Common symptoms of coronary artery disease (CAD) include:
- Chest pain, also called angina
- Shortness of breath
- Nausea or vomiting
Symptoms like chest pain and shortness of breath are caused by reduced blood flow and oxygen to the heart due to a buildup of plaque in the coronary arteries. However, many people with CAD don’t know they have it until they experience an unexpected event like a heart attack or stroke.
A heart attack occurs when a blood clot forms around a ruptured plaque and cuts off blood flow and oxygen to the heart. If the clot breaks off and travels to the brain, it can cause a stroke. Both of these events can be life threatening.
How is CAD diagnosed?
In addition to talking with you about any symptoms you may be experiencing, your medical history and risk factors, and performing a physical exam, your healthcare professional may use one or more of the following tests to confirm whether or not you have CAD:
- Electrocardiogram (ECG or EKG) to measure the electrical activity, rate, and regularity of your heartbeat
- Echocardiogram to create an image of the heart using ultrasound
- Stress test to measure your heart function when it has to work harder
- X-ray to create a picture of the heart, lungs, and arteries
- Cardiac catheterization to measure blood pressure and strength of blood flow in the arteries by inserting a thin, flexible tube through an artery in the groin, arm, or neck to reach the heart
- Coronary angiogram to find blockages by injecting dye into the coronary arteries through cardiac catheterization (above)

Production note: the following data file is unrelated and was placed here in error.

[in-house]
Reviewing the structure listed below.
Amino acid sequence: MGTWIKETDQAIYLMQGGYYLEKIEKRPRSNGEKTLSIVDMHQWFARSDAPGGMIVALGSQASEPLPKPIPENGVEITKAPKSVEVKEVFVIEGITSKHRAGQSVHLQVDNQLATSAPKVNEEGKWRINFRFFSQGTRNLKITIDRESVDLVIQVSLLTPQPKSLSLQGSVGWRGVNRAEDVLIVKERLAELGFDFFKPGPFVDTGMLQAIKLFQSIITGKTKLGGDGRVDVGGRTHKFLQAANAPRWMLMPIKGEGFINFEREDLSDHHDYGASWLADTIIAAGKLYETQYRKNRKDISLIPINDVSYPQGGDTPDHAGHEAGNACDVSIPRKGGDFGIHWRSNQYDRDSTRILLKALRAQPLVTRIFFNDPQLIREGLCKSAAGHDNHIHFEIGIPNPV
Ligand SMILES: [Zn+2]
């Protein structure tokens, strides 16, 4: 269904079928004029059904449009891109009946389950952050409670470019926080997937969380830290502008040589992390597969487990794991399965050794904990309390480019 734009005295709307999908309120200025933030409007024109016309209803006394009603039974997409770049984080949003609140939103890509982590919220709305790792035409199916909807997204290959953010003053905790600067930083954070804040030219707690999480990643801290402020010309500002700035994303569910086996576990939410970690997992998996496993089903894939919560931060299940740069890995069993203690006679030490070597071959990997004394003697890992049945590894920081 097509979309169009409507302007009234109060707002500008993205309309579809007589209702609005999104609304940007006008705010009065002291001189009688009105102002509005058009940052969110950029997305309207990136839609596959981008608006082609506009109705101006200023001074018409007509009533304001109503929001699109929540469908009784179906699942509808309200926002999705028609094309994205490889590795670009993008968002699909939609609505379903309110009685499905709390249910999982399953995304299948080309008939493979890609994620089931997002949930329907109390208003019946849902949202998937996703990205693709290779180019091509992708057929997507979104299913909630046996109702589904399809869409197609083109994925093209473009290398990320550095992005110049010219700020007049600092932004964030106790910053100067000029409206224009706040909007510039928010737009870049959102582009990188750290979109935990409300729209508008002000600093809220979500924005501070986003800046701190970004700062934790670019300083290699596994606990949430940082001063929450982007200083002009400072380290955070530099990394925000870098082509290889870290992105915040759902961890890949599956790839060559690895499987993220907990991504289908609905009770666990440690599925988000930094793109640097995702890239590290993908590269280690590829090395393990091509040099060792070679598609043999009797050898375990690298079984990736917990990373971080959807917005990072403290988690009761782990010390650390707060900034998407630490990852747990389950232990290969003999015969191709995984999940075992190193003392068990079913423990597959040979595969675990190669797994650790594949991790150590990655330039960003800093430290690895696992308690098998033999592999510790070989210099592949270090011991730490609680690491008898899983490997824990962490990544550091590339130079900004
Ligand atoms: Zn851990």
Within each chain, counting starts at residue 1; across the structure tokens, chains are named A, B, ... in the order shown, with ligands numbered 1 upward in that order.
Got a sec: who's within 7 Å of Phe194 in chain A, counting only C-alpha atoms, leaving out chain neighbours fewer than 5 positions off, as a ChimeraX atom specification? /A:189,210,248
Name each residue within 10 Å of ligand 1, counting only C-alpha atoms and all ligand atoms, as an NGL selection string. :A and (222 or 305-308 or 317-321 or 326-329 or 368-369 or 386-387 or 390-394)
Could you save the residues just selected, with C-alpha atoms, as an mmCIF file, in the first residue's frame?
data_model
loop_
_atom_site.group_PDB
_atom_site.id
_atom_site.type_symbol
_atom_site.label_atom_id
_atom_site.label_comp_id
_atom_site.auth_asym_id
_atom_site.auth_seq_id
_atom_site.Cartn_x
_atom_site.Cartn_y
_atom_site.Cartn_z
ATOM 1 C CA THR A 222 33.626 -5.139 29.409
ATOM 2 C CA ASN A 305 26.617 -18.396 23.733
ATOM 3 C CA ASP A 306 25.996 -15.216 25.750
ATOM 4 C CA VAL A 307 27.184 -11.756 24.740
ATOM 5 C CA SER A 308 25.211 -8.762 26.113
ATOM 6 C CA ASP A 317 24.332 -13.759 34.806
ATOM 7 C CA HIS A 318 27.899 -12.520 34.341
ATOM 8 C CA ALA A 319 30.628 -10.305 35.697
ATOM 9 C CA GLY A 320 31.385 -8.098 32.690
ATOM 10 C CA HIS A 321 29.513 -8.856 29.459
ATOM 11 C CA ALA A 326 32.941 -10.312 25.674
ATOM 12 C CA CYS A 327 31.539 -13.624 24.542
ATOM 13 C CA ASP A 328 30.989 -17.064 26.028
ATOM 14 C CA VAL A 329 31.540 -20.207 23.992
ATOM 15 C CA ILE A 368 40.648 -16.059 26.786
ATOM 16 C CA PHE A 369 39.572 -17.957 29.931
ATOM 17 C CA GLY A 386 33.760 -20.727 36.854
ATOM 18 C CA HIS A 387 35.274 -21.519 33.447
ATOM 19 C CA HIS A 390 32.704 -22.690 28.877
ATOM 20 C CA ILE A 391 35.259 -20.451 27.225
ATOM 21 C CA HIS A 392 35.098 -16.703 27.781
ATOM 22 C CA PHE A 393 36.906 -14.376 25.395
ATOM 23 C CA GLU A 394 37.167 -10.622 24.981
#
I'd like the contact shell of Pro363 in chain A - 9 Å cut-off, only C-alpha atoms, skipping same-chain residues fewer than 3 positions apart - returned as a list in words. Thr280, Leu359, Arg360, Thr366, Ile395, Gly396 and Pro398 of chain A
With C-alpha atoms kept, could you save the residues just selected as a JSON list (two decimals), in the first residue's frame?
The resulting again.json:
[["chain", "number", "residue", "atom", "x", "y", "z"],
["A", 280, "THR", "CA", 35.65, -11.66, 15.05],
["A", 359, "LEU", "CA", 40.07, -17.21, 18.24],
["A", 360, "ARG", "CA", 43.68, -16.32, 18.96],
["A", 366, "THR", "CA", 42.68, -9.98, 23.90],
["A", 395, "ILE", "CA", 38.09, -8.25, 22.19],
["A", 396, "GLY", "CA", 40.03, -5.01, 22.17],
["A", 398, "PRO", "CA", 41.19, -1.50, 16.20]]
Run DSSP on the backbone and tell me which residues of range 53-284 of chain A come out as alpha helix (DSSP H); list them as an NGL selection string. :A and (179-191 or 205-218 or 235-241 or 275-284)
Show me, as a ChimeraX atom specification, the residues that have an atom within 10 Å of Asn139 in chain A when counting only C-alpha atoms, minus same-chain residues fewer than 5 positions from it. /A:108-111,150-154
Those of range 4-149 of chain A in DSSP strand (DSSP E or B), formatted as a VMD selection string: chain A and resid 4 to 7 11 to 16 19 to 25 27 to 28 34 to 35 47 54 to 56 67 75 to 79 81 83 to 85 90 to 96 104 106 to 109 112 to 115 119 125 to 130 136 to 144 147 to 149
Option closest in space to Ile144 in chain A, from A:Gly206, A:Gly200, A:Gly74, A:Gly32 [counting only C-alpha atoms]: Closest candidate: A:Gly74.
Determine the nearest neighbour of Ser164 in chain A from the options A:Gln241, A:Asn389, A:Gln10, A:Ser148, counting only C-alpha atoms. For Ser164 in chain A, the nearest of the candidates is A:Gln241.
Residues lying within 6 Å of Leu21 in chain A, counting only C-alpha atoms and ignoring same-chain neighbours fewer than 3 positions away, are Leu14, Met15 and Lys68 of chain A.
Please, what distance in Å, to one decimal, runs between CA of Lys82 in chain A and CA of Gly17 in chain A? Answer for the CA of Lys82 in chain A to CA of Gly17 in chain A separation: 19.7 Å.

- Blood tests
What to know about having a heart attack or stroke
Heart attack symptoms may include any or all of the following:
- Discomfort in the center of the chest, including pressure, fullness, or squeezing pain
- Discomfort or pain that spreads from the chest to the shoulders, back, neck, jaw, teeth, arms, or upper abdomen
- Shortness of breath
- Feeling lightheaded, dizzy, or fainting
- Nausea or indigestion
It’s common for a heart attack to cause chest pain for 15 minutes or longer. Warning signs may also occur hours, days, or even weeks before having a heart attack. However, a heart attack can also have no symptoms.
If you think you may be having a heart attack:
- Call 911 immediately
- Don’t ignore your symptoms or try to push through them
- Crush or chew and swallow a regular strength aspirin (unless your healthcare professional told you never to take aspirin, or you are allergic)
- If you have been prescribed nitroglycerin, take it as directed. Never take anyone else’s nitroglycerin
Signs of a stroke: Remember the FAST acronym
Know when to call for help by remembering this acronym:
Time to call 911
Other stroke symptoms come on suddenly and without warning:
- Numbness, especially on one side of the body
- Confusion or difficulty understanding
- Difficulty seeing in one or both eyes
- Difficulty walking, dizziness, or loss of balance
- An unexplained, severe headache
If you experience any of these stroke symptoms, call 911 immediately if you are able, or signal to someone else to call for you. Acting quickly is essential during a stroke—the quicker you can get medical help, the lower your risk for serious disability or fatality.